A state regulatory commission is seeking a broader definition of lobbying to provide more openness on influences on state officials.
The regulators also call for eliminating limits on lobbyists' gifts for public officials.
The proposals by the Temporary State Commission on Lobbying aim to reform the state's approach to everyday operations, particularly since dysfunction in Albany became such a prominent theme in the November elections.
Two state lawmakers took the reform efforts to a new level Monday, threatening to sue legislative leaders and Gov. George E. Pataki if minority party legislators do not quickly get a greater voice.
Sen. Liz Krueger, a liberal Democrat from Manhattan, and Assemblyman Thomas Kirwan, a conservative Republican from Orange County, said the system now disenfranchises millions of New Yorkers represented by minority party legislators who have no say over legislation or policy issues.
Several top lobbyists, however, said the reform proposals would force thousands of people to call themselves lobbyists simply because of routine appearances before state agencies.
Government watchdog groups and State Attorney General Eliot L. Spitzer, meanwhile, described the proposed change in lobbyist gift limits as a dangerous move that only would encourage more offers of free trips and other goodies to state officials.
At a hearing Monday in Albany, David Grandeau, the commission's executive director, called for eliminating the $75 ceiling on how much lobbyists can offer or give to lawmakers.
Instead, all gifts, no matter the amount, would have to be disclosed, which, he insisted, would be more effective than a monetary limit in discouraging gifts.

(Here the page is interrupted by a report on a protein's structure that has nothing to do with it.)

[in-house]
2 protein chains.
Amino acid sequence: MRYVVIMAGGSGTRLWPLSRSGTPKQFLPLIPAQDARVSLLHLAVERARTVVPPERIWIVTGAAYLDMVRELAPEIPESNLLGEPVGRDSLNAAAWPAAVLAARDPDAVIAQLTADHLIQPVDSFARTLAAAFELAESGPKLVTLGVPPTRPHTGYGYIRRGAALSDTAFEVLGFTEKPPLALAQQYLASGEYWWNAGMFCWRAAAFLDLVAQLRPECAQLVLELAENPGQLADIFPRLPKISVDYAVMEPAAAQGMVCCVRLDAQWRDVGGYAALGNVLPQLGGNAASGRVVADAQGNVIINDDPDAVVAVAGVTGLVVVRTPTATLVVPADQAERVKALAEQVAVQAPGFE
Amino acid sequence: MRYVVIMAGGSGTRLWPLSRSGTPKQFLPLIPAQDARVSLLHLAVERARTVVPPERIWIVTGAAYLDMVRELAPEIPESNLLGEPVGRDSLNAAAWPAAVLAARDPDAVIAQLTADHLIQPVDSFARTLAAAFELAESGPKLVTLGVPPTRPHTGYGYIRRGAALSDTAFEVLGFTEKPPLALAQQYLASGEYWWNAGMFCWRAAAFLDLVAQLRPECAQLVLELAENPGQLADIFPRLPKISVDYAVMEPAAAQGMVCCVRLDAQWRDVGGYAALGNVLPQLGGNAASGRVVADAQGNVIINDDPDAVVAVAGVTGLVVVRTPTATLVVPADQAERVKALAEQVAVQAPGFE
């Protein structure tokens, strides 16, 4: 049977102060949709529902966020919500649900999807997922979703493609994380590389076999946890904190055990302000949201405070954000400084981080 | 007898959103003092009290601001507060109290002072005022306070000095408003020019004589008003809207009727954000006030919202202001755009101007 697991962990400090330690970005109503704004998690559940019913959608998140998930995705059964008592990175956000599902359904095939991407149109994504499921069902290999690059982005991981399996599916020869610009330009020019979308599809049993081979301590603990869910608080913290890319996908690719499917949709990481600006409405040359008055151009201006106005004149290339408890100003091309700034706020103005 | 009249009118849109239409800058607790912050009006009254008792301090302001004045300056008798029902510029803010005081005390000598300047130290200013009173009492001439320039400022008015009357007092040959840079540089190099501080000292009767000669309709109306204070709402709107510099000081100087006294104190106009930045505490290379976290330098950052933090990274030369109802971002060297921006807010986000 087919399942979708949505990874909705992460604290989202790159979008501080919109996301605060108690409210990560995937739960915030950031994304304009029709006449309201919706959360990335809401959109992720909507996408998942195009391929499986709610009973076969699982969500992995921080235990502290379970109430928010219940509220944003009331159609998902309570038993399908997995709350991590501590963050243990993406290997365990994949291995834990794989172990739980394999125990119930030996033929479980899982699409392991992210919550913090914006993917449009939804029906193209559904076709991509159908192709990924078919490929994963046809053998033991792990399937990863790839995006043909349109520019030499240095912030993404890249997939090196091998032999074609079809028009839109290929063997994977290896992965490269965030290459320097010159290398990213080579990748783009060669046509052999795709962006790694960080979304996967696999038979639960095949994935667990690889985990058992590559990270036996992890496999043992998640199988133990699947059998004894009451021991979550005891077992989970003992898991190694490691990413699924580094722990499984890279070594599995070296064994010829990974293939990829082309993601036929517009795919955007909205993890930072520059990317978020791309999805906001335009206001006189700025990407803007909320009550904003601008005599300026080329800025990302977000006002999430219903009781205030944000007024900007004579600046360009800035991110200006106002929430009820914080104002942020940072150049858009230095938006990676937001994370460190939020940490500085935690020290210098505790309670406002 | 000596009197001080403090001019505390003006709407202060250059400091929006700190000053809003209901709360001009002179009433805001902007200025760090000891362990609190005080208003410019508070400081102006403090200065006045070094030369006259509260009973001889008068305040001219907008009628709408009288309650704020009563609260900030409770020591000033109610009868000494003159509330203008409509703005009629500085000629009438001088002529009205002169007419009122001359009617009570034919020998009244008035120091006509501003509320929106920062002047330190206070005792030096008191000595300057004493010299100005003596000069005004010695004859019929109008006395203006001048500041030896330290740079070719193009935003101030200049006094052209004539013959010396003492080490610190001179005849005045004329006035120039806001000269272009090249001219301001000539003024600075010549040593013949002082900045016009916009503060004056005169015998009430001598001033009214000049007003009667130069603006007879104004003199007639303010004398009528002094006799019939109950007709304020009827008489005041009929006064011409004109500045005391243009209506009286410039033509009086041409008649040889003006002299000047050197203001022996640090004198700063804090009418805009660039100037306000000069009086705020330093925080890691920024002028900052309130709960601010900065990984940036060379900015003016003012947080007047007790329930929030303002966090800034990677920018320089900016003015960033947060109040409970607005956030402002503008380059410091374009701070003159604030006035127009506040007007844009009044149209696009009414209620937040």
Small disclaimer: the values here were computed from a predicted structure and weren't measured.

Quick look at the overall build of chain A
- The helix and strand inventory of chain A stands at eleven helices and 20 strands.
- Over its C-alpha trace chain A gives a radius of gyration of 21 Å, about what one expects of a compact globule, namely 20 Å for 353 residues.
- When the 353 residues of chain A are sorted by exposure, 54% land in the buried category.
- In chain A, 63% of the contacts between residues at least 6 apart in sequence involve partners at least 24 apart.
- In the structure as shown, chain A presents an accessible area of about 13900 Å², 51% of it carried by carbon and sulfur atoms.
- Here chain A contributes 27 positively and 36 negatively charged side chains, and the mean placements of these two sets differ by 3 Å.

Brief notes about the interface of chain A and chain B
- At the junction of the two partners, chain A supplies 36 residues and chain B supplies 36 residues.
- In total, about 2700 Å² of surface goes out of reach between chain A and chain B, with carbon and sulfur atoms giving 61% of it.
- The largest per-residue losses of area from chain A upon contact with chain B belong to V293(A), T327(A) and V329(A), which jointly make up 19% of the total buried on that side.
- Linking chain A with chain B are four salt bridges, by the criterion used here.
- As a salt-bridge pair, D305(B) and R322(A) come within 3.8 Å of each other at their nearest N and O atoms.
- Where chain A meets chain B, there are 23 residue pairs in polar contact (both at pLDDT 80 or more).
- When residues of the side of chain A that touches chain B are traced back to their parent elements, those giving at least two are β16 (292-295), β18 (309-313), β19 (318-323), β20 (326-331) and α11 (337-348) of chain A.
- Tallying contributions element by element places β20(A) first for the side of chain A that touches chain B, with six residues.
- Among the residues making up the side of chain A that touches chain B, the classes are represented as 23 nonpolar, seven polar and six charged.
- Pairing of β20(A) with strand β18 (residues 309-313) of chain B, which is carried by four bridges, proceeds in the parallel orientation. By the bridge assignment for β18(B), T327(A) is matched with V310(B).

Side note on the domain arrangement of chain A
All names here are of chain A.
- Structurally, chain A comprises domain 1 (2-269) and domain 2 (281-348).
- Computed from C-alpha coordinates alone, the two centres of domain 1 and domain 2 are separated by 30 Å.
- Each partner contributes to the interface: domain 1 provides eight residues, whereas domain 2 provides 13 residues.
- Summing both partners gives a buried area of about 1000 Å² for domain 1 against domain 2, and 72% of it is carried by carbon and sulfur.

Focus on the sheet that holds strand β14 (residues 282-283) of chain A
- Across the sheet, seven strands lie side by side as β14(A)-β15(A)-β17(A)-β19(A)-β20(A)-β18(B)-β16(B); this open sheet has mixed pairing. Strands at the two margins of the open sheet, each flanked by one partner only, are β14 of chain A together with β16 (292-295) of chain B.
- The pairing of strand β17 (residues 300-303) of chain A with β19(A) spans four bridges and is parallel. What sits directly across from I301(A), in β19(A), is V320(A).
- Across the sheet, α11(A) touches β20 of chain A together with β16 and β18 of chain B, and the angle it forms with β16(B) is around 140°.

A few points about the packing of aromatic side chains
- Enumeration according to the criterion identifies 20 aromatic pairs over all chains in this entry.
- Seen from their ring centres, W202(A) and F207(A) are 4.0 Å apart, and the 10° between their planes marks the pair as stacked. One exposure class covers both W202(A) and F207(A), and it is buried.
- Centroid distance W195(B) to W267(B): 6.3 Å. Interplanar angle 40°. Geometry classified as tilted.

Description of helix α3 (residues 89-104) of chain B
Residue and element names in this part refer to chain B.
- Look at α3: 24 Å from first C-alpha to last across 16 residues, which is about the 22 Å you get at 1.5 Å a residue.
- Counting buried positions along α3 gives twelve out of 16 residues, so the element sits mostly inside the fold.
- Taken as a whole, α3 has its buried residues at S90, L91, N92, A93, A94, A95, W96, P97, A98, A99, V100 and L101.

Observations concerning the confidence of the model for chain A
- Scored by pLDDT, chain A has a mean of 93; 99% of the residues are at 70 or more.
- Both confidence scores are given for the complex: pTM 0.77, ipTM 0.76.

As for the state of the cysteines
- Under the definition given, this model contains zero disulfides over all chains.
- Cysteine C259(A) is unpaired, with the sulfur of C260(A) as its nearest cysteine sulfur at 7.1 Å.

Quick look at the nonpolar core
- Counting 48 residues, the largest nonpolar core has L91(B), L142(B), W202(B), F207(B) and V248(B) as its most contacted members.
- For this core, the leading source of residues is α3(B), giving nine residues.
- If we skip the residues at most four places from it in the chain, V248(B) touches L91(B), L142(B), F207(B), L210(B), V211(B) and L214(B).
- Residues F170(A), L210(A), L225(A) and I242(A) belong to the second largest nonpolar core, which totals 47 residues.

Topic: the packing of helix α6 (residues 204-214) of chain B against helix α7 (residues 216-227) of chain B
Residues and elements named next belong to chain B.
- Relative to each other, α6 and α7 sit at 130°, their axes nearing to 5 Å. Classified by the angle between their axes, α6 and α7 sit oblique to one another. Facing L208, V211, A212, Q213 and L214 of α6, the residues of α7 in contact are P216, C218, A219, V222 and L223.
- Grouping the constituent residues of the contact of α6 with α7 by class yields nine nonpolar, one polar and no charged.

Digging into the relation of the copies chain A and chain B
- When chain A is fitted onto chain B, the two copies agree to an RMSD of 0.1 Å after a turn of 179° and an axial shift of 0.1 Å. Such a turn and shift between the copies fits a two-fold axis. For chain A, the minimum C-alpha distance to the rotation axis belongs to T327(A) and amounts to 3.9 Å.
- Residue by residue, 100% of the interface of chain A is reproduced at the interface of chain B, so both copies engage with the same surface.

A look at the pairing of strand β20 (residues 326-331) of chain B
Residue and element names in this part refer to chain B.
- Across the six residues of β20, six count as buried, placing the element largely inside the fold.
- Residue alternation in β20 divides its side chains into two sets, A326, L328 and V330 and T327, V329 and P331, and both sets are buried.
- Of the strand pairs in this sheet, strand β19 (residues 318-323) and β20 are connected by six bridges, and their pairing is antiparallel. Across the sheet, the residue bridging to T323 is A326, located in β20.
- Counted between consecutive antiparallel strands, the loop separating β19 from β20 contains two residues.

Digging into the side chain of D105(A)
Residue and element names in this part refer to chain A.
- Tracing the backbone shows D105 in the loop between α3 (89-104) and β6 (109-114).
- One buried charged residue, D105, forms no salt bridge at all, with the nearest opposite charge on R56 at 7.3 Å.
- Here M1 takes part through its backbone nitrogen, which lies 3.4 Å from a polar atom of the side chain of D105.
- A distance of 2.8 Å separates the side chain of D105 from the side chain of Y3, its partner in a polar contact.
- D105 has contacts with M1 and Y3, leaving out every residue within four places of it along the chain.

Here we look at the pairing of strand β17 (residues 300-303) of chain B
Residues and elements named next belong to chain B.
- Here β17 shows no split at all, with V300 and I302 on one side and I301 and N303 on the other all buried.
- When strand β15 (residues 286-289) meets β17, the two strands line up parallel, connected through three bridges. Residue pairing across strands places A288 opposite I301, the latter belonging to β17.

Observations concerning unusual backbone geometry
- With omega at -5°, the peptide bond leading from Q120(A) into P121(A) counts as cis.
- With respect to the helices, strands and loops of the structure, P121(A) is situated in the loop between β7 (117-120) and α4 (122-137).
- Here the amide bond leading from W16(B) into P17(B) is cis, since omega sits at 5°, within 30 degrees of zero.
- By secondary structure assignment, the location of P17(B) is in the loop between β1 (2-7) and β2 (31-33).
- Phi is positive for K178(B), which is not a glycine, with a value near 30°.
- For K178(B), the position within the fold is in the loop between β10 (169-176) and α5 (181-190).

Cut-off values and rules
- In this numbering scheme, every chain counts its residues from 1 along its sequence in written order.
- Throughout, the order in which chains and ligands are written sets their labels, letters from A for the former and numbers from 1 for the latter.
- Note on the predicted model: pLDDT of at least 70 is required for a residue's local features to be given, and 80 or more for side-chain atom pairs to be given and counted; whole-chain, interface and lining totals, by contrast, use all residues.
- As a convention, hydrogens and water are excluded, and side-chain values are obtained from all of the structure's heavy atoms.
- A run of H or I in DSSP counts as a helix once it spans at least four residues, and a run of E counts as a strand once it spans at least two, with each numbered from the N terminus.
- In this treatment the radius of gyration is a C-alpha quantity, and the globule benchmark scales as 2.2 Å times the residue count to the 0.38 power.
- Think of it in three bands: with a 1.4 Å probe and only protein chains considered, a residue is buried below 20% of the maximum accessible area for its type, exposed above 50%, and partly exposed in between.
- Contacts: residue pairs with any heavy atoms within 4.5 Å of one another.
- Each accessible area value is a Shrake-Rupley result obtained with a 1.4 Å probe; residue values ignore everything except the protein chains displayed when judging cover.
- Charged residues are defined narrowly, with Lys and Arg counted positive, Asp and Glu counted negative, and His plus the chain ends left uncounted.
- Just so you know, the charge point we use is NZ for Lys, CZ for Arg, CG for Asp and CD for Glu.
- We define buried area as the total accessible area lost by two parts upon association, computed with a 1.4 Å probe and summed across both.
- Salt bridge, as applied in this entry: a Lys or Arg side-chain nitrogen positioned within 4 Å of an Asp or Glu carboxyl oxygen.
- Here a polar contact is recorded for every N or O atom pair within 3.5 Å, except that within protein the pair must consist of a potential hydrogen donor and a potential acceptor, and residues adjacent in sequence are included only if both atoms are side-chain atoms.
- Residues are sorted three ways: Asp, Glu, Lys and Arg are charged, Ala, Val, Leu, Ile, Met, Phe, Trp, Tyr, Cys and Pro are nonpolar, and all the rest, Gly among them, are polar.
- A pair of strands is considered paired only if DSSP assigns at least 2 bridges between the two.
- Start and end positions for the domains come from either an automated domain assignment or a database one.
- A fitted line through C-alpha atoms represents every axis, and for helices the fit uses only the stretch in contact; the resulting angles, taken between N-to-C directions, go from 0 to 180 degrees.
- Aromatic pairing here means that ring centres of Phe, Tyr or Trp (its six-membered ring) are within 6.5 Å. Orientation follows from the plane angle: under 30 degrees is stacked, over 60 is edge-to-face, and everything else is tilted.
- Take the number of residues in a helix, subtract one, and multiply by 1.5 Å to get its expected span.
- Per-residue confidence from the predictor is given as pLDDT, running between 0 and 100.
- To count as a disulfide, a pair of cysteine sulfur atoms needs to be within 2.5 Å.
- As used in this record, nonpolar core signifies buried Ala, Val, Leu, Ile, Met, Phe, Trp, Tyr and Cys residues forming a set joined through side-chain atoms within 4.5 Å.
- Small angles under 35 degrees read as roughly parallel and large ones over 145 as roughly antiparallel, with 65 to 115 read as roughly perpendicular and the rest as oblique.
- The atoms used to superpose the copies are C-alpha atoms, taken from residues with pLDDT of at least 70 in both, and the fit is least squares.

"The public wants to know who's giving the gifts and who's getting the gifts," Grandeau said.
But critics argued that the $75 threshold applies to individual gifts, not an annual total. So a lobbyist could give an official something worth $74 every day of the year without violating the limit.
"We don't think lobbyists should be giving gifts to lawmakers -- end of story," said Blair Horner of the New York Public Interest Research Group.
NYPIRG noted Monday that 30 states have more restrictive lobbyist gift bans than New York, and 19 require lobbyist to divulge personal business dealings with state officials.
"Simply stated, that is one of the most counterproductive proposals I have ever heard," Spitzer said of the gift proposal, adding that the public wants "existing practices reformed, not exacerbated."
Lobbyists have stayed largely under the radar as reform groups stepped up efforts to change how they do business. But Monday, a handful of lobbyists fought back.
One proposal, which Grandeau calls the lobbyist "death penalty," would ban lobbyists or clients who violate regulations, such as filing timely disclosure reports, from doing business in the Capitol for four years.
James Featherstonhaugh, a prominent lobbyist, said such a plan would violate free speech protections. He branded the idea "outrageous, unconstitutional and dangerous."
Krueger and Kirwan seek to change several long-standing Albany practices, such as majority party legislators excluding those from the minority party from pork barrel.
They also call for ending secret votes in closed-door party conferences on issues before they reach the floor for a formal vote.
Kirwan said that, despite the reform talk, legislative leaders aren't interested in true reform. "We're going to have to wrest it from them," he said.